“All of Cambodia will benefit from 5G, but the MPTC should ensure close working relationships with the telecommunications companies, otherwise Cambodia may be left behind other ASEAN countries by not being at the forefront of deploying the 5G technology,” Watson said.
Much needs to be done in terms of educating the public on the technology and its capabilities.
5G is, simply put, the fifth-generation mobile network – the latest global wireless standard following on the 1G, 2G, 3G, and 4G networks. 5G will evolve from existing 4G networks, marking an inflexion point in the future of communications, bringing instantaneous, high-powered connectivity to billions of devices.
Smart Axiata Co Ltd CEO Thomas Hundt explained: “Cambodia is a ‘mobile-first’ country with users who consume very high volumes of data. In particular, users in urban areas are always demanding more and faster data. They are ready for the so-called eMBB [enhanced Mobile Broadband] service, which is what 5G is all about.”
5G offers its users tremendous benefits that its predecessors could not. One of the main benefits is increased bandwidth for all users. Bandwidth is the amount of space available for users to use data to download files, browse the internet and watch videos.
Less bandwidth means everyone’s devices run slower. When more bandwidth is available, devices run faster. Thus, when 5G is available, people will not have to fight for data with other users when they enter into crowded spaces. That problem will become a thing of the past.
For example, while 4G connections take around 30 minutes to download an HD movie, 5G system speeds will enable similar-sized downloads in about 25 seconds.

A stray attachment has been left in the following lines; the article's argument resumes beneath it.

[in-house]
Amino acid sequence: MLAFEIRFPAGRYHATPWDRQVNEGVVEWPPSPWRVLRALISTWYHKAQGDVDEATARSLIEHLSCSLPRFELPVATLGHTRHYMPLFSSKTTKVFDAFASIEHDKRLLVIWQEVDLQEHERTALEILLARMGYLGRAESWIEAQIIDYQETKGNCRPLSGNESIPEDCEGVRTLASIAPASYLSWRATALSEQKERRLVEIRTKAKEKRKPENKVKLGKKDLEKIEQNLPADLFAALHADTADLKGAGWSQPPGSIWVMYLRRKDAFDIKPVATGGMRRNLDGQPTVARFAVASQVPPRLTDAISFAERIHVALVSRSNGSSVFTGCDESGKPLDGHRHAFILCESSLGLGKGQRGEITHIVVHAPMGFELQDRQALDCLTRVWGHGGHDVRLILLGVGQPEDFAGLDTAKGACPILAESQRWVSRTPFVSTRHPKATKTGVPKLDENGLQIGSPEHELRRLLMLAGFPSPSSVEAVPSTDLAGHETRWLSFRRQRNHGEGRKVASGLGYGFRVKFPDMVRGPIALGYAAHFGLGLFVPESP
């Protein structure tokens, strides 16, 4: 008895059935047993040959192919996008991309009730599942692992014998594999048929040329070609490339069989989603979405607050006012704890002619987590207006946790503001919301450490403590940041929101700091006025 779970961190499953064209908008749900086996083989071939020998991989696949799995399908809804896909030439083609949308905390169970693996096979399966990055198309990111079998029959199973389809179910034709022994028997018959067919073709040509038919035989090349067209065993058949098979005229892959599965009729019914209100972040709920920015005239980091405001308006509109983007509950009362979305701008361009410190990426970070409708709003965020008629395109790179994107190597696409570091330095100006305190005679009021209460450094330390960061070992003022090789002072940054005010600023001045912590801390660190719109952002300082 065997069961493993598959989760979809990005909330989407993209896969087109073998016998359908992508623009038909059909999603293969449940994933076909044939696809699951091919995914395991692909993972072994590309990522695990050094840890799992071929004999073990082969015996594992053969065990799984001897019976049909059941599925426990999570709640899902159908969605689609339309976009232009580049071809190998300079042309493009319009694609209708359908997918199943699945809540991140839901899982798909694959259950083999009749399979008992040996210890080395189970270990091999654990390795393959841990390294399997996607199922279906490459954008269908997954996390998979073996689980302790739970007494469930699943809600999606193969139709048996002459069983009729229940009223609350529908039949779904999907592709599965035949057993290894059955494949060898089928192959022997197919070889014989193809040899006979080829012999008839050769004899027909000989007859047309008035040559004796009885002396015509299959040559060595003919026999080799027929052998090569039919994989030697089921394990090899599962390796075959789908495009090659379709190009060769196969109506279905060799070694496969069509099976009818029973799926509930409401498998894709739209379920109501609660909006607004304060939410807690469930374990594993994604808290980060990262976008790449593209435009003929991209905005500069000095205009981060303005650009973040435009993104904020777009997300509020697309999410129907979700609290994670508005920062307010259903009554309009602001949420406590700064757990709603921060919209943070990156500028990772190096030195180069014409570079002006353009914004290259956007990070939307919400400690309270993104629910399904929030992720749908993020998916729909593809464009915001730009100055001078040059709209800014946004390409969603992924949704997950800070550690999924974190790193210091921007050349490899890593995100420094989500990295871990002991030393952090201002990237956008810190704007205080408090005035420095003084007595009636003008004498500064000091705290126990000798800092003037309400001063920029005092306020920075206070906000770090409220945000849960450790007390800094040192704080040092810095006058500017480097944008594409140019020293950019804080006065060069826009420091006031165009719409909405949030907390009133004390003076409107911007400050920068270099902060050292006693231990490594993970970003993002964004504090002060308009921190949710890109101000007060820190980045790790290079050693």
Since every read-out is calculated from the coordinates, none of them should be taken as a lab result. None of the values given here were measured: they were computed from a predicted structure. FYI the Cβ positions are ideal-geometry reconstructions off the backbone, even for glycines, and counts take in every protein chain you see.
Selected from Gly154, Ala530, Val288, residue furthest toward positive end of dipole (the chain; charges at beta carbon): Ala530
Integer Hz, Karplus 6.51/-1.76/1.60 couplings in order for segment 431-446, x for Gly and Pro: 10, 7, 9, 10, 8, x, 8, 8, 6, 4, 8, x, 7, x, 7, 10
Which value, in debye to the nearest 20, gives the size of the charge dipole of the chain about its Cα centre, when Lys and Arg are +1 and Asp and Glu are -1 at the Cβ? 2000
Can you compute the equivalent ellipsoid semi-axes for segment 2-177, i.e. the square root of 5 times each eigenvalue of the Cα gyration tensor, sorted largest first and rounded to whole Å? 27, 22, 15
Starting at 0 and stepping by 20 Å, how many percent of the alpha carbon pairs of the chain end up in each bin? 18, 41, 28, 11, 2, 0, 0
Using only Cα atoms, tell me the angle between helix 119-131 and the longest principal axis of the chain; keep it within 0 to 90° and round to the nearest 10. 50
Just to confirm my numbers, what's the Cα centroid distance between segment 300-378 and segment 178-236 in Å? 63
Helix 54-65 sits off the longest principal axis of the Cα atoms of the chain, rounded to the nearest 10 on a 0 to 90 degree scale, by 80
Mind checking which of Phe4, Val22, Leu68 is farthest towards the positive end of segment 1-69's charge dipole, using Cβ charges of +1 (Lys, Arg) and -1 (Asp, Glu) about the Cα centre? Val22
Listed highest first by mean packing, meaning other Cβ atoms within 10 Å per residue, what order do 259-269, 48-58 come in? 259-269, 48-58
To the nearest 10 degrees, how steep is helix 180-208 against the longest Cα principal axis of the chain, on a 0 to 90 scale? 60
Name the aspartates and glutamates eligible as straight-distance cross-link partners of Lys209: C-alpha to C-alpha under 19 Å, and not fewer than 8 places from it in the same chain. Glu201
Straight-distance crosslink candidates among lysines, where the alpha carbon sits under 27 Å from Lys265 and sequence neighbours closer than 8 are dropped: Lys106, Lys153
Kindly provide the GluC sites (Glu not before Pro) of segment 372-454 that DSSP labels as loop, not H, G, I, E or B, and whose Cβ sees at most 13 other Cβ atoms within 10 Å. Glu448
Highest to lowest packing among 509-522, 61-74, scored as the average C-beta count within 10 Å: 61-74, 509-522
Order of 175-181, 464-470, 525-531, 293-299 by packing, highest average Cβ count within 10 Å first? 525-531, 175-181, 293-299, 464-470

5G networks will provide between 10 times and 100 times faster data rates, at latencies up to 10 times smaller compared with current 4G networks. This improved performance will come from a more advanced core network that uses more efficient radio technologies, accesses more spectrum bandwidth and has expanded network density.
Why 5G when 4G isn’t always performing well?
Cambodia’s 4G network is heavily used. It is significantly slower in areas of higher consumption compared with areas with lower usage patterns. Experts say that once the Kingdom sees the rollout of 5G, many people will leave the 4G network. This will reduce pressure on the 4G network and people remaining on it will enjoy faster network speeds than previously attained.
It is a win-win scenario. Those who adopt the new 5G network and those who stick with 4G will have better network experiences.
But is 5G safe?
According to the international body in charge of setting limits on exposure to radiation, 5G is safe.
The International Commission on Non-Ionising Radiation Protection (ICNIRP), the German scientific body that assesses the health risks of radio broadcasts, has called for the following of new guidelines for millimetre-wave 5G, the most high-frequency version of the telecommunications standard. In practice, millimetre-wave 5G, which is already in use in some places, including China, has output levels significantly below the new maximum.
The radio frequencies 5G uses are similar to those that have been used for mobile telephones since 1998 when the ICNIRP published its first set of guidelines for electric and magnetic fields exposure.
As an evolutionary technology, 5G will do all the things that 4G can do, but better. However, 4G is not going away anytime soon. It is expected to coexist with 5G well into the 2030s and together they will be the bedrock of the Kingdom’s future mobile networks.
This article was first published in Khmer Times. All contents and images are copyright to their respective owners and sources.